Evolution of Genome Organization by Duplication and Loss: An Alignment Approach

  • Patrick Holloway
  • Krister Swenson
  • David Ardell
  • Nadia El-Mabrouk
Part of the Lecture Notes in Computer Science book series (LNCS, volume 7262)


We present a comparative genomics approach for inferring ancestral genome organization and evolutionary scenarios, based on a model accounting for content-modifying operations. More precisely, we focus on comparing two ordered gene sequences with duplicated genes that have evolved from a common ancestor through duplications and losses; our model can be grouped in the class of “Block Edit” models. From a combinatorial point of view, the main consequence is the possibility of formulating the problem as an alignment problem. On the other hand, in contrast to symmetrical metrics such as the inversion distance, duplications and losses are asymmetrical operations that are applicable to one of the two aligned sequences. Consequently, an ancestral genome can directly be inferred from a duplication-loss scenario attached to a given alignment. Although alignments are a priori simpler to handle than rearrangements, we show that a direct approach based on dynamic programming leads, at best, to an efficient heuristic. We present an exact pseudo-boolean linear programming algorithm to search for the optimal alignment along with an optimal scenario of duplications and losses. Although exponential in the worst case, we show low running times on real datasets as well as synthetic data. We apply our algorithm in a phylogenetic context to the evolution of stable RNA (tRNA and rRNA) gene content and organization in Bacillus genomes. Our results lead to various biological insights, such as rates of ribosomal RNA proliferation among lineages, their role in altering tRNA gene content, and evidence of tRNA class conversion.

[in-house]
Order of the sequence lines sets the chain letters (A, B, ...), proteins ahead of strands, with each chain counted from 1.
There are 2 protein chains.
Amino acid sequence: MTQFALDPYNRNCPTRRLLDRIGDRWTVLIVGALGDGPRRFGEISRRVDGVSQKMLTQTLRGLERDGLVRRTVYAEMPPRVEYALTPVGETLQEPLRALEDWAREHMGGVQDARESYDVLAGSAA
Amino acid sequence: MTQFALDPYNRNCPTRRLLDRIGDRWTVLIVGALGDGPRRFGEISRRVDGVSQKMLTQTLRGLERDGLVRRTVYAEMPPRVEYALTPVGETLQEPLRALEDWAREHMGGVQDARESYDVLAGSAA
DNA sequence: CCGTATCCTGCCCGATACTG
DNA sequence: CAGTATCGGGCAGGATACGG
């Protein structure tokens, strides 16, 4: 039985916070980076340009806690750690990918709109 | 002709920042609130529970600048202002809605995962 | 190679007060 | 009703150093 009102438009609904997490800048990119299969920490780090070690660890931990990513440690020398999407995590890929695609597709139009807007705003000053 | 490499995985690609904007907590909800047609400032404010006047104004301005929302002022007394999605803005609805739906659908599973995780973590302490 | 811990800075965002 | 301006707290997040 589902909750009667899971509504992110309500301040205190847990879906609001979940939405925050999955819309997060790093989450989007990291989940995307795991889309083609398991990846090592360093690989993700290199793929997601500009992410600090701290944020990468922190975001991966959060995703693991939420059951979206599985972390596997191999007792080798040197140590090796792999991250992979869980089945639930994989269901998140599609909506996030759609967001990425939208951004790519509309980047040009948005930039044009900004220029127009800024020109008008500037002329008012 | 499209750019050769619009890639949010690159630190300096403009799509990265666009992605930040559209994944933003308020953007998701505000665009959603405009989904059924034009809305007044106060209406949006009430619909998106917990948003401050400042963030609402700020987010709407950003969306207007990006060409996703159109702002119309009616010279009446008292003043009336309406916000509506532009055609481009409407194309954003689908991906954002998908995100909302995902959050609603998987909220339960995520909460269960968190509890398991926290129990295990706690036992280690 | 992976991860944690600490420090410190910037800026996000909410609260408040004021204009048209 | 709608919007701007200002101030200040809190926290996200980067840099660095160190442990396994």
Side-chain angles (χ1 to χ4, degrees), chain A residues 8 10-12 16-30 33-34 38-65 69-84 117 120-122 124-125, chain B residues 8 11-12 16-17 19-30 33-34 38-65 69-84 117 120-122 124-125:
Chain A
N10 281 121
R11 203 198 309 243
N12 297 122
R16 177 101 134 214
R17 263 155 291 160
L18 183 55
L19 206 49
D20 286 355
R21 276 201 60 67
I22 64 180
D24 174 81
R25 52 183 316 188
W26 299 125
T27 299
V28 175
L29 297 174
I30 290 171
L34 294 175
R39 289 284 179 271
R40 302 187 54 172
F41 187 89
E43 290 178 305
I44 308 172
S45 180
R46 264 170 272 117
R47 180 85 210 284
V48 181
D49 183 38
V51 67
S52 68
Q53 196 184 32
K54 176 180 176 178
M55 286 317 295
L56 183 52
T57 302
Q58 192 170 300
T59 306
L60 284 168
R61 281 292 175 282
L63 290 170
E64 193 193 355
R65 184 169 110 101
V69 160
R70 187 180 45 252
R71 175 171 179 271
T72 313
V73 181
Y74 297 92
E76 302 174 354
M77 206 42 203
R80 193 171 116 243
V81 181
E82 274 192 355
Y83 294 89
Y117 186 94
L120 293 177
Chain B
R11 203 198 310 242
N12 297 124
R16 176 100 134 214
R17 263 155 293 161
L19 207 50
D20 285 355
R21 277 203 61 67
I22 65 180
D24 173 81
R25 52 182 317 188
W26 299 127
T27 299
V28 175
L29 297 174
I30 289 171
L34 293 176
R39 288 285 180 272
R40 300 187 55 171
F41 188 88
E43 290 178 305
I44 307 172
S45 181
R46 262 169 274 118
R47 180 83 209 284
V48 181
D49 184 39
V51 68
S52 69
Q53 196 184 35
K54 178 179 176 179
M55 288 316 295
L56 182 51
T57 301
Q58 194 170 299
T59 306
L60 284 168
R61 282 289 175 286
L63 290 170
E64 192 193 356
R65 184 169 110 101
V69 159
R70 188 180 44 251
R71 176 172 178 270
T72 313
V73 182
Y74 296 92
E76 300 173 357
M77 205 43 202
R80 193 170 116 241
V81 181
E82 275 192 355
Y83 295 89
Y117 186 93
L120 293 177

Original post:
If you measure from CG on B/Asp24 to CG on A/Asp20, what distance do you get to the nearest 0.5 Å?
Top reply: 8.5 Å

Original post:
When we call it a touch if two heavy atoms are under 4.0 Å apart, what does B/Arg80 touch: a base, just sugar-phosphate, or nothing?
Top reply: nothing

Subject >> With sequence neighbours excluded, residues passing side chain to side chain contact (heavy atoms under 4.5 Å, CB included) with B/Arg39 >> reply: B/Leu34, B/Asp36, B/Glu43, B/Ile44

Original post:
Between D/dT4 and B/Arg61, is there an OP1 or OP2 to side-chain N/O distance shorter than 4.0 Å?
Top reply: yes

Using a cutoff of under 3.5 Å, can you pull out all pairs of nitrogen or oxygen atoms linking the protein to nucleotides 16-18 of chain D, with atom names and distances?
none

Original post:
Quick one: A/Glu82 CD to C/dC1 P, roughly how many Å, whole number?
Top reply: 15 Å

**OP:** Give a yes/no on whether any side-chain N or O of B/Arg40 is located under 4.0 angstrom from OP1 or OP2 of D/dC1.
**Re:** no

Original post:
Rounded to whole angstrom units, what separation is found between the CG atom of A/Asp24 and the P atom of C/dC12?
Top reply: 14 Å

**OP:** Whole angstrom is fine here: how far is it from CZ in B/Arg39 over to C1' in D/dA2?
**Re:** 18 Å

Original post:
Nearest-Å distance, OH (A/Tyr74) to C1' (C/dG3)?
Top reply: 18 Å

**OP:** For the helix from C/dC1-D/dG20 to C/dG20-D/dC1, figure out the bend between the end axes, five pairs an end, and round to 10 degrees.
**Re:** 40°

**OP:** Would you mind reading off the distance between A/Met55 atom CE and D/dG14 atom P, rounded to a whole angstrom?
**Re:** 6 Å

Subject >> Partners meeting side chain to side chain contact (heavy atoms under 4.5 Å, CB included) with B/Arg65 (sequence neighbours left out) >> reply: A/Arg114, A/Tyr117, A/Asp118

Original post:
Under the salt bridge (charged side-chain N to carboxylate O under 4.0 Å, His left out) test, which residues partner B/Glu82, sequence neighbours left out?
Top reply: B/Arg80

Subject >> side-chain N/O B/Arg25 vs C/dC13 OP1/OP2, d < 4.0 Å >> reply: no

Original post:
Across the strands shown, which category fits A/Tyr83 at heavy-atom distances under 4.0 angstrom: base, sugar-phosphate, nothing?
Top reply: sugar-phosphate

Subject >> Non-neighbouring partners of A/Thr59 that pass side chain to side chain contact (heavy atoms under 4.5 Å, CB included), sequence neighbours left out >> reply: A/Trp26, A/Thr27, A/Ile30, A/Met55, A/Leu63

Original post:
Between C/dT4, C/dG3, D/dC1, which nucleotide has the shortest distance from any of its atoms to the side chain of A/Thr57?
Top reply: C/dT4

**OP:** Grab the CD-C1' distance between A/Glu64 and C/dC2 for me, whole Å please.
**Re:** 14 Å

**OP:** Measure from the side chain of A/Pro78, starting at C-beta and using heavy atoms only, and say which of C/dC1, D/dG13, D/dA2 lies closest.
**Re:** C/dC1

Comparative Genomics Gene order Duplication Loss Linear Programming Alignment Bacillus tRNA 


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Copyright information

© Springer-Verlag Berlin Heidelberg 2012

Authors and Affiliations

  • Patrick Holloway
    • 1
  • Krister Swenson
    • 2
    • 3
  • David Ardell
    • 4
  • Nadia El-Mabrouk
    • 2
  1. 1.Département d’Informatique et de Recherche Opérationnelle (DIRO)Université de MontréalCanada
  2. 2.DIROCanada
  3. 3.University of McGill Computer ScienceCanada
  4. 4.Center for Computational Biology, School of Natural SciencesUniversity of CaliforniaMercedUSA

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